With Juneteeth right around the corner, Culture Con delievered a virtual experience unlike no other with it’s #ShadesofBlack: Range & Representation panel. Hosted by the phenomenal Gia Peppers as M·A·C Cosmetics teamed up to provide a great conversation as they are allies against systemic racism. M·A·C made sure to well equip us with the ThrowBlack items that were best sellers and cult classics. The panel began with some words from the stellar brand, André Branch, SVP of M·A·C North America shared that it is one of the largest network of Black creatives. Also, that it’s conception in the 80’s lived on the model of “all age, all races, all genders.” M·A·C has continued to be a pivotal piece in the community by having a series of intitatives such as M·A·C Movement which is an employee board used to drive the racial equities. Next Jamin Courtney, the chair of the M·A·C Movement shared details about the board and its goal to help develop new ways to be more inclusive and diverse. The creation of Melanin Programs such as community programs like Ballet Black were created, there will also be more educational material for Juneteeth.
Gia then led us into an panel of renowned guests including actress Bresha Webb, model Angeer Amol, Victoria & Alexia of Women of Color on Broadway, and costume designer June Ambrose. Bresha Webb stated she’s been taking action on-set by providing feedback about her glam and giving information of individuals she knows who may better suit the needs of the talent (i.e. such a styling different hair textures). Angeer Amol shared her role was to ensure M·A·C continued inclusivity with the shade range they had for consumers as well as bringing awareness to her culture in South Sedan. She also let it be known, to either “give us a seat at the table or we’ll take one.” (I loved it and it felt so necessary!) Another intriguing component was the Women in Color on Broadway began their intivative to create a network of creatives. Both Victoria and Alexia used their own stories to nuture college students in the profession – dropping gems about the debt Black people, specifically Black women incur trying to obtain the formal education. Bresha chimed in and shared how fortunate her circumstances were to come from her schooling to booking gigs quickly but also having the pricy cost of education. Victoria and Alexia hope to eventually create a tuition free art school. June Ambrose gave quite an insight on how she envisions where she wants to be as far as 5 to 10 years out so that she can gameplay. Remarking in agreence with the other panelist that making spaces for those who look like us is bigger than all of us. In totality, I took away the fact of, “Once you get to the top, make sure to send the evelator back down.”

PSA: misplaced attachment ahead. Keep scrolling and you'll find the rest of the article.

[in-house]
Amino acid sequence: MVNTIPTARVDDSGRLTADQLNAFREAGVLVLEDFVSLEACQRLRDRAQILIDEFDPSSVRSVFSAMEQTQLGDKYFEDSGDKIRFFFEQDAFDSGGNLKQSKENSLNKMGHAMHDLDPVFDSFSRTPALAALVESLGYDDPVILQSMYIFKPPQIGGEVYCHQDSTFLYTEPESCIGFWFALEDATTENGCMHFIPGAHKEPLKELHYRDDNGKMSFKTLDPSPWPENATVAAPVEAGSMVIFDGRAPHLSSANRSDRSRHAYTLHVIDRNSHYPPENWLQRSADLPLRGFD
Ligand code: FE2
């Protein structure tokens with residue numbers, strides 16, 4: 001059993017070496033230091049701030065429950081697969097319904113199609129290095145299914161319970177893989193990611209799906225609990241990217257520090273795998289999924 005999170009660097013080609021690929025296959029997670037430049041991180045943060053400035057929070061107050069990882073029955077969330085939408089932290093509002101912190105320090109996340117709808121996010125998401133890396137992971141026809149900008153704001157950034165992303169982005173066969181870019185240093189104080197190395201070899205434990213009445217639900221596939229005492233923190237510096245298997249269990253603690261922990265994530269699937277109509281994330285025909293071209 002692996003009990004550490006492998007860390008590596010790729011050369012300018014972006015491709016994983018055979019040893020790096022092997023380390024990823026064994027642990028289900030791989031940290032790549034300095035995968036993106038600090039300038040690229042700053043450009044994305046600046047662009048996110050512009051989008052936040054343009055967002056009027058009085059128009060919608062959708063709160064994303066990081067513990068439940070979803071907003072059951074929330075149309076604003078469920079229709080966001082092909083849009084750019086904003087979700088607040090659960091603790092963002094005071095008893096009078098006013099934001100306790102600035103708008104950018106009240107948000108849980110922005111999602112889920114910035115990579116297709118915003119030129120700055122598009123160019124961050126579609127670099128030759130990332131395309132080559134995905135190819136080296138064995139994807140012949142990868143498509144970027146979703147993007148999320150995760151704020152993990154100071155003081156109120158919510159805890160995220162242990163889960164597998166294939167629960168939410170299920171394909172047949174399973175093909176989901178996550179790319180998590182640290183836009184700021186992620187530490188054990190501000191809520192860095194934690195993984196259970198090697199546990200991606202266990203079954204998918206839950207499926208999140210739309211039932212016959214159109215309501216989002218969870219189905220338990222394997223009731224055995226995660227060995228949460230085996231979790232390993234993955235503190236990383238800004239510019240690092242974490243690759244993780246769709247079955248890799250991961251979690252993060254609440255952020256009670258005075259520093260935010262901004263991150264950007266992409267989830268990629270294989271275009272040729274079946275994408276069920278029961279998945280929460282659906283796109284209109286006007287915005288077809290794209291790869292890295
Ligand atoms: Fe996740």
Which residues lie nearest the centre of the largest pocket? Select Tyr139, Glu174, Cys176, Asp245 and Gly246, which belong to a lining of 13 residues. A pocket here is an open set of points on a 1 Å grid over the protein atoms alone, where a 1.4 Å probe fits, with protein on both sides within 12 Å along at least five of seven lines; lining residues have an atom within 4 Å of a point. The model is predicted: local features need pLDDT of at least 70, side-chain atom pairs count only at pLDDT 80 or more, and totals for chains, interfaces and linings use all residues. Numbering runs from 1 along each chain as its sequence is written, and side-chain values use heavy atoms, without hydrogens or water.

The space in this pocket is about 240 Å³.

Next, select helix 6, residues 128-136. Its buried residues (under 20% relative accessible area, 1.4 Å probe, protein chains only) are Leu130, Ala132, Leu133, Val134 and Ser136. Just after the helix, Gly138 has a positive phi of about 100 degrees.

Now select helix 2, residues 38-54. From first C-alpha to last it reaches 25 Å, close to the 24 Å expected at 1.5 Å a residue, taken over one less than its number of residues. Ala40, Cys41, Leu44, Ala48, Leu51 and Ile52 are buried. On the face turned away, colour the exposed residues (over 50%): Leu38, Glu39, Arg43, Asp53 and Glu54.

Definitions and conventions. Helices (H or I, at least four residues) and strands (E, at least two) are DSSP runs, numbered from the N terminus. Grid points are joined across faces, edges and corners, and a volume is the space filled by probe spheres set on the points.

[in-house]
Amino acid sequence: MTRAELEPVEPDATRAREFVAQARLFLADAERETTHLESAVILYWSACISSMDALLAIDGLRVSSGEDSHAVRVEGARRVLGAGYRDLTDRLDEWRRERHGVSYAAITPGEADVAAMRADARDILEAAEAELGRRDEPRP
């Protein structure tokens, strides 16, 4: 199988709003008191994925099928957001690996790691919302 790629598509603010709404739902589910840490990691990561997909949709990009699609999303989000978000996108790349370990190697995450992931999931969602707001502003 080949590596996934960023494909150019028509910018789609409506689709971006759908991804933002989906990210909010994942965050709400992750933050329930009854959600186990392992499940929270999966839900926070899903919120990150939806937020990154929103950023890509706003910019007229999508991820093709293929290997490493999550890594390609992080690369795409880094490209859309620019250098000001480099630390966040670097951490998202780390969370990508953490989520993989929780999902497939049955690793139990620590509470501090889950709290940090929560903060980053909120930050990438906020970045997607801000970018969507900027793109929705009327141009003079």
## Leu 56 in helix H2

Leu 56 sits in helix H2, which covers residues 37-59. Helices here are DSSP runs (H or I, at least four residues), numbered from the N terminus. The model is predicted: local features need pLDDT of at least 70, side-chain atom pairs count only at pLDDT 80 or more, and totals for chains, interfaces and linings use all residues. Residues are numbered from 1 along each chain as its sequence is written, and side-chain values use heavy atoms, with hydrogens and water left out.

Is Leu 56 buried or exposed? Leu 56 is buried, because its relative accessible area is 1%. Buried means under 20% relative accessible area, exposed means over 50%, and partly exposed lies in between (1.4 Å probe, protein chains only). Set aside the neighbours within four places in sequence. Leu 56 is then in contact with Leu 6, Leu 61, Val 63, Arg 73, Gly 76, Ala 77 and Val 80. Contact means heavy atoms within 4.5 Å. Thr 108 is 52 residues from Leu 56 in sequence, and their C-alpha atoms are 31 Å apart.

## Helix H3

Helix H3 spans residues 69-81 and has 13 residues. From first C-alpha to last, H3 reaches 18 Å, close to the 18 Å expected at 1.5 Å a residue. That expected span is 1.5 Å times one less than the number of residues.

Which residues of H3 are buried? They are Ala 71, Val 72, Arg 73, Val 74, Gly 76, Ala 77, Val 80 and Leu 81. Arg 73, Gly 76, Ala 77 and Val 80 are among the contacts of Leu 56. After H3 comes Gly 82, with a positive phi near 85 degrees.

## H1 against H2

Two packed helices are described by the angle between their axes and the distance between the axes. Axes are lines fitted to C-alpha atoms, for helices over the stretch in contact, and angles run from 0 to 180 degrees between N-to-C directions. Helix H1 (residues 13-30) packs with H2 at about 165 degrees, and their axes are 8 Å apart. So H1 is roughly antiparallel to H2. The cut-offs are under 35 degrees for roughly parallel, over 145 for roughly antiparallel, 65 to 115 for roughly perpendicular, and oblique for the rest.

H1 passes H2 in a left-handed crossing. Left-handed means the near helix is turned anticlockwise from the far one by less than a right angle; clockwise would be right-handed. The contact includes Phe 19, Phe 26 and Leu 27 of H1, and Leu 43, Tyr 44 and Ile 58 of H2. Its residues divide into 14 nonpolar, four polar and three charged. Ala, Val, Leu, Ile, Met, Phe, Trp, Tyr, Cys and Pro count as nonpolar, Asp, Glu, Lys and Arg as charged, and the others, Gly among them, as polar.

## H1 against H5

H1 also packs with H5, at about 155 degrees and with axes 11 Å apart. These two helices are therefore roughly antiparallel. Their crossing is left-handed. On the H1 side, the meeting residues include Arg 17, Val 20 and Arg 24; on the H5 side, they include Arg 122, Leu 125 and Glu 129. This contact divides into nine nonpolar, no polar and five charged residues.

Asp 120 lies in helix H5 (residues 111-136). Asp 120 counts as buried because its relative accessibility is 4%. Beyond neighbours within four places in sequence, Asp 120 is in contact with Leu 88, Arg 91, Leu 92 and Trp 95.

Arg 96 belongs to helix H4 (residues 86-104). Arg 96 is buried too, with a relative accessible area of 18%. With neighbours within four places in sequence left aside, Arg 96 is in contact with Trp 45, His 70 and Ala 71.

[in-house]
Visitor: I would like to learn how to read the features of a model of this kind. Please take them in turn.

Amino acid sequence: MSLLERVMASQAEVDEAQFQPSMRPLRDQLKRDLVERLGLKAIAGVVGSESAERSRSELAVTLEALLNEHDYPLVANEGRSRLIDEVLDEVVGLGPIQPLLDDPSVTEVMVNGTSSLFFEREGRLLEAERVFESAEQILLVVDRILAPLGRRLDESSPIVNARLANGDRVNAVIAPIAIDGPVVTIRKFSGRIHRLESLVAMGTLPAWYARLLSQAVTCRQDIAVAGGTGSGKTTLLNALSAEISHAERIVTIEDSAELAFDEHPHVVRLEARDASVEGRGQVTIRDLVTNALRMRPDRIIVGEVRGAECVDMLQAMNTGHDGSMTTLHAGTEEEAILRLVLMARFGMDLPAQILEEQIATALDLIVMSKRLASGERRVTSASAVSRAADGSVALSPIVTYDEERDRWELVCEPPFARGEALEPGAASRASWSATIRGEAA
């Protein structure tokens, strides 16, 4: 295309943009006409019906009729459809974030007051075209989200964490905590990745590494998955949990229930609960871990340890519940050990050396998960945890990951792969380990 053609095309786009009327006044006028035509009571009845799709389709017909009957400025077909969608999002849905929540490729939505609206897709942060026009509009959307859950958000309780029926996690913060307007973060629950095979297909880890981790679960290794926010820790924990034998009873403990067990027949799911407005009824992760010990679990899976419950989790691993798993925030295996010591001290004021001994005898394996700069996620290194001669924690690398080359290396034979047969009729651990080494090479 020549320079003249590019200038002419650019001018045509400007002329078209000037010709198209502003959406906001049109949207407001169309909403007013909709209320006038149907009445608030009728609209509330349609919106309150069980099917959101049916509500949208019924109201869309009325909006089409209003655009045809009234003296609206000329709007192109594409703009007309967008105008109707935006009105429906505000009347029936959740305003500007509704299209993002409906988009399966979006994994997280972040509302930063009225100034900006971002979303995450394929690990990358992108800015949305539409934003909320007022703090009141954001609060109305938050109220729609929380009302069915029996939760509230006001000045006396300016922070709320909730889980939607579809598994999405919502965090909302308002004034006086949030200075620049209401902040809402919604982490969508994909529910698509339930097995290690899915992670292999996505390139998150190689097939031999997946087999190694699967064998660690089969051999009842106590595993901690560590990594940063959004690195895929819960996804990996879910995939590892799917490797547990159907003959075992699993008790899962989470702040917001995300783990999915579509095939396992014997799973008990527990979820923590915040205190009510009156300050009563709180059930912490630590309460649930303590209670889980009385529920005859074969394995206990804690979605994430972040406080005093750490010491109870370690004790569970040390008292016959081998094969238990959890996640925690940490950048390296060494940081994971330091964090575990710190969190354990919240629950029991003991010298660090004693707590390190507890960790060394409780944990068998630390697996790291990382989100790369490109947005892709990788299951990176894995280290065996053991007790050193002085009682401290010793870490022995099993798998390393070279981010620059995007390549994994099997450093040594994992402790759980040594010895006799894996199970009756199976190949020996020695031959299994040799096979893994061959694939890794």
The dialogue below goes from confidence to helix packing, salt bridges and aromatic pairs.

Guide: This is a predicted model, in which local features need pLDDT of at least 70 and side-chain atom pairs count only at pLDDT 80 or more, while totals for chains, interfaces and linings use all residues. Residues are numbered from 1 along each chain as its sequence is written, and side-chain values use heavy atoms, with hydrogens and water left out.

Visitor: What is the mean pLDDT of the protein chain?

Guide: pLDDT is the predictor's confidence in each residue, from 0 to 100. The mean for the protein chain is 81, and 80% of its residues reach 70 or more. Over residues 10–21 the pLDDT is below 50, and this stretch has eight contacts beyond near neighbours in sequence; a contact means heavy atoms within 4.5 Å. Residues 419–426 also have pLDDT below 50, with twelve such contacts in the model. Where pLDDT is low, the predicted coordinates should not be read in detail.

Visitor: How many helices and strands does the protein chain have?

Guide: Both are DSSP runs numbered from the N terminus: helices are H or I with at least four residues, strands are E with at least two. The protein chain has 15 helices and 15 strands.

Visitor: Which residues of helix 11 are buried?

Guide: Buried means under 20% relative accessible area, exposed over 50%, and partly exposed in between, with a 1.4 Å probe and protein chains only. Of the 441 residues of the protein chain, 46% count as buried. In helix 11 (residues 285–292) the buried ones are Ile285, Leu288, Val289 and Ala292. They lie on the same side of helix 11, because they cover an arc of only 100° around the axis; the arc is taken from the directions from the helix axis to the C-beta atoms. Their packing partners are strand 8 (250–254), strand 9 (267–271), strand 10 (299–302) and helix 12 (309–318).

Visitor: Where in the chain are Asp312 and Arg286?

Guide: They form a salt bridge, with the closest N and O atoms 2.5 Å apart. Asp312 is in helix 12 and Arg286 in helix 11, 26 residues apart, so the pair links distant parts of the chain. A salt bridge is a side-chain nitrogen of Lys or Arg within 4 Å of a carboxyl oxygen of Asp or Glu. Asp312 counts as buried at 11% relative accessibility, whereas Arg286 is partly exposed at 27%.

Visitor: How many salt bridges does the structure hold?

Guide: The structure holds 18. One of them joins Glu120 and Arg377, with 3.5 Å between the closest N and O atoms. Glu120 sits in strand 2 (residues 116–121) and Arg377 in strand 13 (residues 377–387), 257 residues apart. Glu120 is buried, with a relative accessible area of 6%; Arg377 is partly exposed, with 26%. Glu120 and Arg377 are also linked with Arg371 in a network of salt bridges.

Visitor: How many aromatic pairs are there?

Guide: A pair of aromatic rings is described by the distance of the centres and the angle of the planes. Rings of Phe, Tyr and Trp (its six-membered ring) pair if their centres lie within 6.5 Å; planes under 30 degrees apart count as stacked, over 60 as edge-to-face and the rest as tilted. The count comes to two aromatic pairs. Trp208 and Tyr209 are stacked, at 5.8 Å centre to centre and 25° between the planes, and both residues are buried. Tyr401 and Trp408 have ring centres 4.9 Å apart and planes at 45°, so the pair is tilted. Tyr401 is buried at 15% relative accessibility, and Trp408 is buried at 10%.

Culture Con is important and created an essential space used to inspire all of us to operate in our gifts entirely!
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